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A core update happens when Google adjusts its core search ranking algorithm, usually in order to adapt to new situations that may affect the relevance and usefulness of the search results they provide. A core update is usually rolled out 3 or 4 times a year and can impact a great deal of websites, in terms of their rankings.
Google is constantly updating the algorithm it uses to rank websites based on their relevance. While some updates are small in terms of the number of websites that are affected by it, others are major updates that change the way websites are ranked more significantly. These are called core updates, as Google is adjusting its core search ranking algorithm in order to maintain the highest standards of relevance and usefulness in their search results. Google usually makes these updates public. They occur 3 or 4 times a year and the effects are that many websites either rise or fall significantly through the rankings, in a short period of time.
What has made Google the giant of search engines is the constant effort to adapt the search algorithm to be able to distinguish truly relevant websites from websites who were trying to trick their way to the top of the SERP.
As tricksters and spammers would find new ways to cheat, so would Google update its’ core algorithm to put them back in their place. Some of the core updates that had a huge impact on search results were:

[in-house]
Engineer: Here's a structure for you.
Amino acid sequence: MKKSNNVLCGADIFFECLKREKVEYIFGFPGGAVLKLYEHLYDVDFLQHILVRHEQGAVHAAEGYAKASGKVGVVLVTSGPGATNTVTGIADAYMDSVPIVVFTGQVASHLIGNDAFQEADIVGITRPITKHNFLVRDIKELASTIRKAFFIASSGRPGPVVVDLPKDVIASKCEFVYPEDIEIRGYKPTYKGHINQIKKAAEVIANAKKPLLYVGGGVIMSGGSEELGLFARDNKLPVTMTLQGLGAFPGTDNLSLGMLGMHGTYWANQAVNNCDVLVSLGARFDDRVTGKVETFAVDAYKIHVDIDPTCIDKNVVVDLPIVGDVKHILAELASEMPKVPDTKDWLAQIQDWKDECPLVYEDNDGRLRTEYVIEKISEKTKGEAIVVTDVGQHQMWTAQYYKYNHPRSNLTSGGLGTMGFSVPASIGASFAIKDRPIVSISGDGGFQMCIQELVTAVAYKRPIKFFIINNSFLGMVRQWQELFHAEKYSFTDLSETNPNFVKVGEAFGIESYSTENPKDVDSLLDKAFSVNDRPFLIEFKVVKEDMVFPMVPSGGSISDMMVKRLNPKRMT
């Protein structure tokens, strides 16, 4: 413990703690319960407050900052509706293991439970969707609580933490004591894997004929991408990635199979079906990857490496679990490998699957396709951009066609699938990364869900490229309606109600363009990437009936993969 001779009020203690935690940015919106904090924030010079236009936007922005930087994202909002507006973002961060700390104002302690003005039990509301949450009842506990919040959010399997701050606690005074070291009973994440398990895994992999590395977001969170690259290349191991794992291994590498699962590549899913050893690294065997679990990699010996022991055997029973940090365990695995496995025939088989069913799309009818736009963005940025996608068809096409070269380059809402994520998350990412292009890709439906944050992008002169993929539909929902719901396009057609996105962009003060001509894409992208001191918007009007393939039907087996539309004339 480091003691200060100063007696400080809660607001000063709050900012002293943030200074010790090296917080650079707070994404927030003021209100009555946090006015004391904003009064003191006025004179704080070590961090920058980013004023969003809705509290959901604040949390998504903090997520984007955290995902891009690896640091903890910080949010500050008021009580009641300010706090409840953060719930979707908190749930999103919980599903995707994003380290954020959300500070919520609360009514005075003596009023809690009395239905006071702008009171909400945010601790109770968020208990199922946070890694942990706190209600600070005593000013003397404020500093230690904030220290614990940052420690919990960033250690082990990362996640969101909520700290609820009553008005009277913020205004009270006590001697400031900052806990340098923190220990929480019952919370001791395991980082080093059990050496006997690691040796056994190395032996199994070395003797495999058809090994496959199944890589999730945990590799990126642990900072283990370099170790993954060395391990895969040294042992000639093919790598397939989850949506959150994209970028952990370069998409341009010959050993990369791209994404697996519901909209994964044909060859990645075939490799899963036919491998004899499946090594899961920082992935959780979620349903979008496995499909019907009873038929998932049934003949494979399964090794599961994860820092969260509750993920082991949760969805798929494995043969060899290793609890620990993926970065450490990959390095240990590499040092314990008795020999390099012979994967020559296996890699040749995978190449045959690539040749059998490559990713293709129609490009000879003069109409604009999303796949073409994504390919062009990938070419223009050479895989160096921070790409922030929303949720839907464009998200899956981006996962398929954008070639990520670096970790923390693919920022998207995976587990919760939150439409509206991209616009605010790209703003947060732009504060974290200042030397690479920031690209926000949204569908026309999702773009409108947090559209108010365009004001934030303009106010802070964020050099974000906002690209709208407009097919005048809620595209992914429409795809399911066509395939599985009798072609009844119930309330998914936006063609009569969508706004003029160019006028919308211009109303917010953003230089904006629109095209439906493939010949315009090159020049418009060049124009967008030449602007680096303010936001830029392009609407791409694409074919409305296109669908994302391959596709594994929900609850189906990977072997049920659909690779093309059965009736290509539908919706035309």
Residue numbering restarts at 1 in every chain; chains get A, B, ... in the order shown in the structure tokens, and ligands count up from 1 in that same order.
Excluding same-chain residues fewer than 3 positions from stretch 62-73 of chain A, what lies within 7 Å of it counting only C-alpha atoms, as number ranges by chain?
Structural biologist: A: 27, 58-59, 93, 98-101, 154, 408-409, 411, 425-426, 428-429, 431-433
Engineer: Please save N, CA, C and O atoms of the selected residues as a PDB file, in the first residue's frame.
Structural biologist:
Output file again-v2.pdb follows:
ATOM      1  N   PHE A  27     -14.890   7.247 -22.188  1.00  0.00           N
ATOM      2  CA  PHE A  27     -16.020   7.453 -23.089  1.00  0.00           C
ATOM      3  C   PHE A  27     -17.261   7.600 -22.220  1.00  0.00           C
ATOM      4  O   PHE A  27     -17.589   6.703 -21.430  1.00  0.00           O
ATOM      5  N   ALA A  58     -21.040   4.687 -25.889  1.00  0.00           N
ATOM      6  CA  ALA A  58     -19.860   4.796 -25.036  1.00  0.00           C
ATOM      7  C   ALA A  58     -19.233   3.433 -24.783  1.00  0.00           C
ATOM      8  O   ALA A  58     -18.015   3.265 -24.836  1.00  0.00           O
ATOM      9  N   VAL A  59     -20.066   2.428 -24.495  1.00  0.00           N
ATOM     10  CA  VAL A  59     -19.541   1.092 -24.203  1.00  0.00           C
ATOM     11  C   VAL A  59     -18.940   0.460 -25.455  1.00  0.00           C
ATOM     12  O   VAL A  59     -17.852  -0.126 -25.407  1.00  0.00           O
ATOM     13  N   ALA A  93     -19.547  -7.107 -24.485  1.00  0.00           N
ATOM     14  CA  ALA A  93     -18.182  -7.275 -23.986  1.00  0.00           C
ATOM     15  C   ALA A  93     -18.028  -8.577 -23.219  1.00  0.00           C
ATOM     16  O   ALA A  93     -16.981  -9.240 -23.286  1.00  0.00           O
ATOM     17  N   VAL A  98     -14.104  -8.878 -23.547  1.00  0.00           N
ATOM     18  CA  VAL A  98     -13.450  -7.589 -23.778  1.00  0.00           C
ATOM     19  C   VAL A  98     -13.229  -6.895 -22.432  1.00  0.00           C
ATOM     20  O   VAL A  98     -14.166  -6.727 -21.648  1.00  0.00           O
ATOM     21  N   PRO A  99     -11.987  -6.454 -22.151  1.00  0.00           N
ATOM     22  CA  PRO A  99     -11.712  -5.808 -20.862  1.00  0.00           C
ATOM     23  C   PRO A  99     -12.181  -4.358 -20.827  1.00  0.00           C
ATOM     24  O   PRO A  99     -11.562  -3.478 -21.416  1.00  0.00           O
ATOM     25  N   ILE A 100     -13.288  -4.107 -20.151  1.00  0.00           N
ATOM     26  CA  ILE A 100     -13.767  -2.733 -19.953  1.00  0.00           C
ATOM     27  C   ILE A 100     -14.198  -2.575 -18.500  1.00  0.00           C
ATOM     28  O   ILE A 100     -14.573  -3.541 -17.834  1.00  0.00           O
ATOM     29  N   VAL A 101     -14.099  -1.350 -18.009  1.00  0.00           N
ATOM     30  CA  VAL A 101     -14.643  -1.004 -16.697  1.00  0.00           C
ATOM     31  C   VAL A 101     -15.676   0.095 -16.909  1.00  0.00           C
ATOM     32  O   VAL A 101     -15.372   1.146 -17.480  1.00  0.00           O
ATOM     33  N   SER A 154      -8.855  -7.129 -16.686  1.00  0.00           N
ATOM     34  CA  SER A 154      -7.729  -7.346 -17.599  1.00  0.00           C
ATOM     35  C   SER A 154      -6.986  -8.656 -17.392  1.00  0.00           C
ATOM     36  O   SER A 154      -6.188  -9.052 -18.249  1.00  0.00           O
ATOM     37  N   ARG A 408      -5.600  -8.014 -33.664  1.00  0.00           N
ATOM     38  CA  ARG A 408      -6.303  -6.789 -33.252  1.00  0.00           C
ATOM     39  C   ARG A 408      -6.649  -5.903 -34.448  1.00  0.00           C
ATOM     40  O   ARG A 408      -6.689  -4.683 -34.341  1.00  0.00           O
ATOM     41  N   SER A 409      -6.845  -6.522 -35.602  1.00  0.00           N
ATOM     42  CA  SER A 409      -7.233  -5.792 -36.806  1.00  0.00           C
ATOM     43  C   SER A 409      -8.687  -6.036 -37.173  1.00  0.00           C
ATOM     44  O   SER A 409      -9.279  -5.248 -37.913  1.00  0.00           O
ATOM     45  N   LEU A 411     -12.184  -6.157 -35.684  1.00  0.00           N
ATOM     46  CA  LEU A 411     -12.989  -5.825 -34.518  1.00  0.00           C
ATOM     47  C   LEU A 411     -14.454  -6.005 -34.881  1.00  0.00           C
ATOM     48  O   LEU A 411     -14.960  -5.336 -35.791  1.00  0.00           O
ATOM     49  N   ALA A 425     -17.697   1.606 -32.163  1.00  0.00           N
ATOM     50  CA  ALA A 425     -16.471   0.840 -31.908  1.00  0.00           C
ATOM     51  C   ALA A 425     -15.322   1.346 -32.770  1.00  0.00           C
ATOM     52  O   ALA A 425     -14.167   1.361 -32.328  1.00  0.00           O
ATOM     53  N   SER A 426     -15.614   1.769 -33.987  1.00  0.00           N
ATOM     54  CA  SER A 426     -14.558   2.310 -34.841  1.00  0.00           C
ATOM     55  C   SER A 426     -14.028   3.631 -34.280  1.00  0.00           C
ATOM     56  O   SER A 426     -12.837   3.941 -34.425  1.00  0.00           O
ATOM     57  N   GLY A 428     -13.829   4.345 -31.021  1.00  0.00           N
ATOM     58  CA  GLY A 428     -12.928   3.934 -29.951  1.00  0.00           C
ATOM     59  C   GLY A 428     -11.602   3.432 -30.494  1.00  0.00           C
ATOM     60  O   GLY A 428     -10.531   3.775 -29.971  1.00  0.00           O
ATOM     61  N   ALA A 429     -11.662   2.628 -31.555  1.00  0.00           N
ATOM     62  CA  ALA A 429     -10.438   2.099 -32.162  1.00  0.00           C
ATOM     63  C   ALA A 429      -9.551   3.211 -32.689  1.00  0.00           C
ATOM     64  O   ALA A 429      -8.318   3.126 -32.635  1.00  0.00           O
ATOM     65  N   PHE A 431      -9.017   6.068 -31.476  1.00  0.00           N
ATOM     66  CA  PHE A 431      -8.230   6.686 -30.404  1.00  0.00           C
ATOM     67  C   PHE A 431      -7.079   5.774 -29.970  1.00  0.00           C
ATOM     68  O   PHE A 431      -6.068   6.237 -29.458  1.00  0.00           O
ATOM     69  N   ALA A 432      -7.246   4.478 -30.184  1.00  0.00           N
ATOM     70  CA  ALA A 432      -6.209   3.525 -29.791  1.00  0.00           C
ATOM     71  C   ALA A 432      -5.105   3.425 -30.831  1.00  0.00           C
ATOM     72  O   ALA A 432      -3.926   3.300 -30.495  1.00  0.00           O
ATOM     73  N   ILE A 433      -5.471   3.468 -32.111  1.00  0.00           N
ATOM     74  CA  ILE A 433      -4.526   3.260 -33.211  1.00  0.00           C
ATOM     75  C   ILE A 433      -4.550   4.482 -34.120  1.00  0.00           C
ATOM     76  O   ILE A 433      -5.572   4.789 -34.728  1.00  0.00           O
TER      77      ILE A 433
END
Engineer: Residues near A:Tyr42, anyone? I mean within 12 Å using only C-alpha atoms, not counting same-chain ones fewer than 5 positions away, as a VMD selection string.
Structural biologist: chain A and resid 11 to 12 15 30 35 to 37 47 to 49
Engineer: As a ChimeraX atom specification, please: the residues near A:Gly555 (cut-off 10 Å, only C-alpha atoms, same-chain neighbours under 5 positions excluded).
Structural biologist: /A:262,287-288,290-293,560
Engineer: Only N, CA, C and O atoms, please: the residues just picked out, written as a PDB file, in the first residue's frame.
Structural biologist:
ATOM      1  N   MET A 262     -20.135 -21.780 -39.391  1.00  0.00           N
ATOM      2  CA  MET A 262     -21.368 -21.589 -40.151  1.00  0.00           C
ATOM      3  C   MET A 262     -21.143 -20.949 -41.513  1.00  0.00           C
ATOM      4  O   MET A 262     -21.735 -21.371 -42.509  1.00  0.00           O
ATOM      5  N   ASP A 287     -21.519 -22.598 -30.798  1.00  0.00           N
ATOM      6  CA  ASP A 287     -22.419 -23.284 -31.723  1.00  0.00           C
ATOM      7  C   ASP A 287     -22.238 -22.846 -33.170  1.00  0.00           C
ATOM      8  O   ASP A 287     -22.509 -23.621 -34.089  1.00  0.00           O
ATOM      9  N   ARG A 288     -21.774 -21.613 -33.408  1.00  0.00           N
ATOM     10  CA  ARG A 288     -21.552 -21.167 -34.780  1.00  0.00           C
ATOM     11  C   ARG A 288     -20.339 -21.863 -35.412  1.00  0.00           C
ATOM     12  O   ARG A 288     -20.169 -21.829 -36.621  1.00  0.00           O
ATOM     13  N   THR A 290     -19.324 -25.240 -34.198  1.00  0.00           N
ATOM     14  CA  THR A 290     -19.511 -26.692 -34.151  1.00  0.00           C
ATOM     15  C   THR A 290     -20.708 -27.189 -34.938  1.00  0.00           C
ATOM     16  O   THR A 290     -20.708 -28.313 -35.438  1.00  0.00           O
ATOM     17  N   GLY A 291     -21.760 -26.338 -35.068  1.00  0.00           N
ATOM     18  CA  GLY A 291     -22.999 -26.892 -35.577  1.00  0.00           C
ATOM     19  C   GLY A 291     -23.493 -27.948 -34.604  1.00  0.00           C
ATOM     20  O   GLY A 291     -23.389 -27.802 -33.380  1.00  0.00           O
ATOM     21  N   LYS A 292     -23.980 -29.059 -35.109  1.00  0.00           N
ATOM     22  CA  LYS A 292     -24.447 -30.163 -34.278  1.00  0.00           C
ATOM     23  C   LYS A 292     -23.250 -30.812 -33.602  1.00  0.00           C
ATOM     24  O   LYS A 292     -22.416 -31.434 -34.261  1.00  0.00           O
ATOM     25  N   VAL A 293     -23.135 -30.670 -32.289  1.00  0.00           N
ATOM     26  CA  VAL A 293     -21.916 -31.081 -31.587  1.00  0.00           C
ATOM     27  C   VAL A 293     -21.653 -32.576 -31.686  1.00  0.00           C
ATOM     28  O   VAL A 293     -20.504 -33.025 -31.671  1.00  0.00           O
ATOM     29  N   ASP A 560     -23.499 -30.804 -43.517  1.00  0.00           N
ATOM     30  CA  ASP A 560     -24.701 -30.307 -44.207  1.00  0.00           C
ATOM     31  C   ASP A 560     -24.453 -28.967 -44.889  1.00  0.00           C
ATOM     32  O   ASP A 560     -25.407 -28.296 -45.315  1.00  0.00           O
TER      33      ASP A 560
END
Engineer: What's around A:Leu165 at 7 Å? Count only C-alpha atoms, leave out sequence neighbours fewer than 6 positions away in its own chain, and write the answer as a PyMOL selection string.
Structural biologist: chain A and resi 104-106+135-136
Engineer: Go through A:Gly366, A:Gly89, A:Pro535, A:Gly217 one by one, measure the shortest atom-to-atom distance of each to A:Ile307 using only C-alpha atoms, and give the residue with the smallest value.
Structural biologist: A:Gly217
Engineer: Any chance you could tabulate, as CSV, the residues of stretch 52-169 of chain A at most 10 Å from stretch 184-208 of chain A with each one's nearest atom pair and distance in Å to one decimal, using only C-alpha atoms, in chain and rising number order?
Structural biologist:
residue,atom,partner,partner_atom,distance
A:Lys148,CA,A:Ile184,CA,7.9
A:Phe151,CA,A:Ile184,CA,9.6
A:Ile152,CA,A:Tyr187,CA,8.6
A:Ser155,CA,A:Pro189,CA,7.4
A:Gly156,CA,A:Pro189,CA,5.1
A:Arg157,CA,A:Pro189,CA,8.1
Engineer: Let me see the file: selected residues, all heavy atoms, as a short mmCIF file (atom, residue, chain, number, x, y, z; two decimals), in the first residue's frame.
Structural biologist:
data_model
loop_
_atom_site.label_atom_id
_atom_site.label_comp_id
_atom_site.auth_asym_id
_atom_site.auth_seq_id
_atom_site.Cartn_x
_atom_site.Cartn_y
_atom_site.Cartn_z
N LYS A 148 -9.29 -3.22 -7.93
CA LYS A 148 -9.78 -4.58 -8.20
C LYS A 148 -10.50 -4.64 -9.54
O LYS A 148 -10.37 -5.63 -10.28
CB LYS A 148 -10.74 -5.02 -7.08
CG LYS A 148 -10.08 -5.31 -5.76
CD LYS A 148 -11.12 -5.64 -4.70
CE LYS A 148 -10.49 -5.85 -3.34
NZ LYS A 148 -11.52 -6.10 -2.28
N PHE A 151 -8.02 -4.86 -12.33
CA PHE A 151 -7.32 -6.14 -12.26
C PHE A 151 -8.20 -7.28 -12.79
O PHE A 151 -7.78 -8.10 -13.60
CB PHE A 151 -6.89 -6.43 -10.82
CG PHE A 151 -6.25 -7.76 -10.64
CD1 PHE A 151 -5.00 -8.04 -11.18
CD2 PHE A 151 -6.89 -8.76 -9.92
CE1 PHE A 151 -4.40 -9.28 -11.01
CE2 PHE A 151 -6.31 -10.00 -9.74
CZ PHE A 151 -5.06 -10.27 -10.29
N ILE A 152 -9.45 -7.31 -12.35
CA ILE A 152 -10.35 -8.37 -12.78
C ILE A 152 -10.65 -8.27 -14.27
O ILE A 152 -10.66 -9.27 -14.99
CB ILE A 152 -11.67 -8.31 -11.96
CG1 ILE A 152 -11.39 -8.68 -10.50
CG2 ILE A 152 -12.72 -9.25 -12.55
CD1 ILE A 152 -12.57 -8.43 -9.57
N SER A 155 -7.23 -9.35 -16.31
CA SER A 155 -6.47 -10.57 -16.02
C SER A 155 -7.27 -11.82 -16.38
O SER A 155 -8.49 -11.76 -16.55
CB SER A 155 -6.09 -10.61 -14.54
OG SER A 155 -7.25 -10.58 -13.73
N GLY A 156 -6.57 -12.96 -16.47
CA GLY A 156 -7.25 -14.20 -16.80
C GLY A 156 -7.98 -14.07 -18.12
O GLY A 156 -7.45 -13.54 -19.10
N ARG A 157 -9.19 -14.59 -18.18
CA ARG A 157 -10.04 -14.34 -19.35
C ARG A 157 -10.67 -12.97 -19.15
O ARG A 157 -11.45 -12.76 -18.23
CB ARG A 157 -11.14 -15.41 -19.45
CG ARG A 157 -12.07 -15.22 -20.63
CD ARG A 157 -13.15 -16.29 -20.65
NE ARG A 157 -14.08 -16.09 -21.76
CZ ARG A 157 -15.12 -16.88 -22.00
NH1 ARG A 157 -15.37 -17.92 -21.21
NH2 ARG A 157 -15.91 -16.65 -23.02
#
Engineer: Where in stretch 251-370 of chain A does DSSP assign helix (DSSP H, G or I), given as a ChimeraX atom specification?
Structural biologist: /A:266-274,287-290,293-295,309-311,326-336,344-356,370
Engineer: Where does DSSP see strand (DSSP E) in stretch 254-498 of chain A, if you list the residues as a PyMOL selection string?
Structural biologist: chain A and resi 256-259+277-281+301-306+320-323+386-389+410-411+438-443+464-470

Panda update (initial release - February 2011) - this was a major update, that involved penalties for websites with thin content (very little text and resources), with duplicate content or low-quality user-generated content, with a low domain authority or websites making false promises in their description. It also brought penalties to websites with a high ad-to-content ratio and others.
Penguin update (initial release - April 2012) - this update targeted two types of black-hat SEO practices and the “misbehaving” websites received an algorithmic penalty because of that. Websites doing unnatural link building to artificially pump up their authority were penalized. The same happened to keyword stuffers, who would use a great deal of repetition in their texts, to deceive Google robots and make the website appear more relevant than it really was in relation to certain keywords.
Hummingbird update (initial release - August 2013) - unlike the two updates above, this one was more likely to help certain websites than to incur penalties on them. This update focused on semantic search and the need to understand the intent of the search query. Is the user looking to buy something or is he/she looking for product reviews? Is he/she asking a question? Google would try to look directly for a website answering that question.
As of the time of writing, the most recent known core update was made in September 2019. While there is not much official data about what has changed with the update, it has been known to further affect the medical and health sector. Google has been making a lot of changes in this domain, in an attempt to distinguish between websites that publish medical material that is in line with scientific consensus versus alternative medicine websites that often make claims that are not backed by science. At the same time, recent updates have been tweaking the role of the new Google Discover, with websites seeing a lot of volatility in terms of clicks from this feature.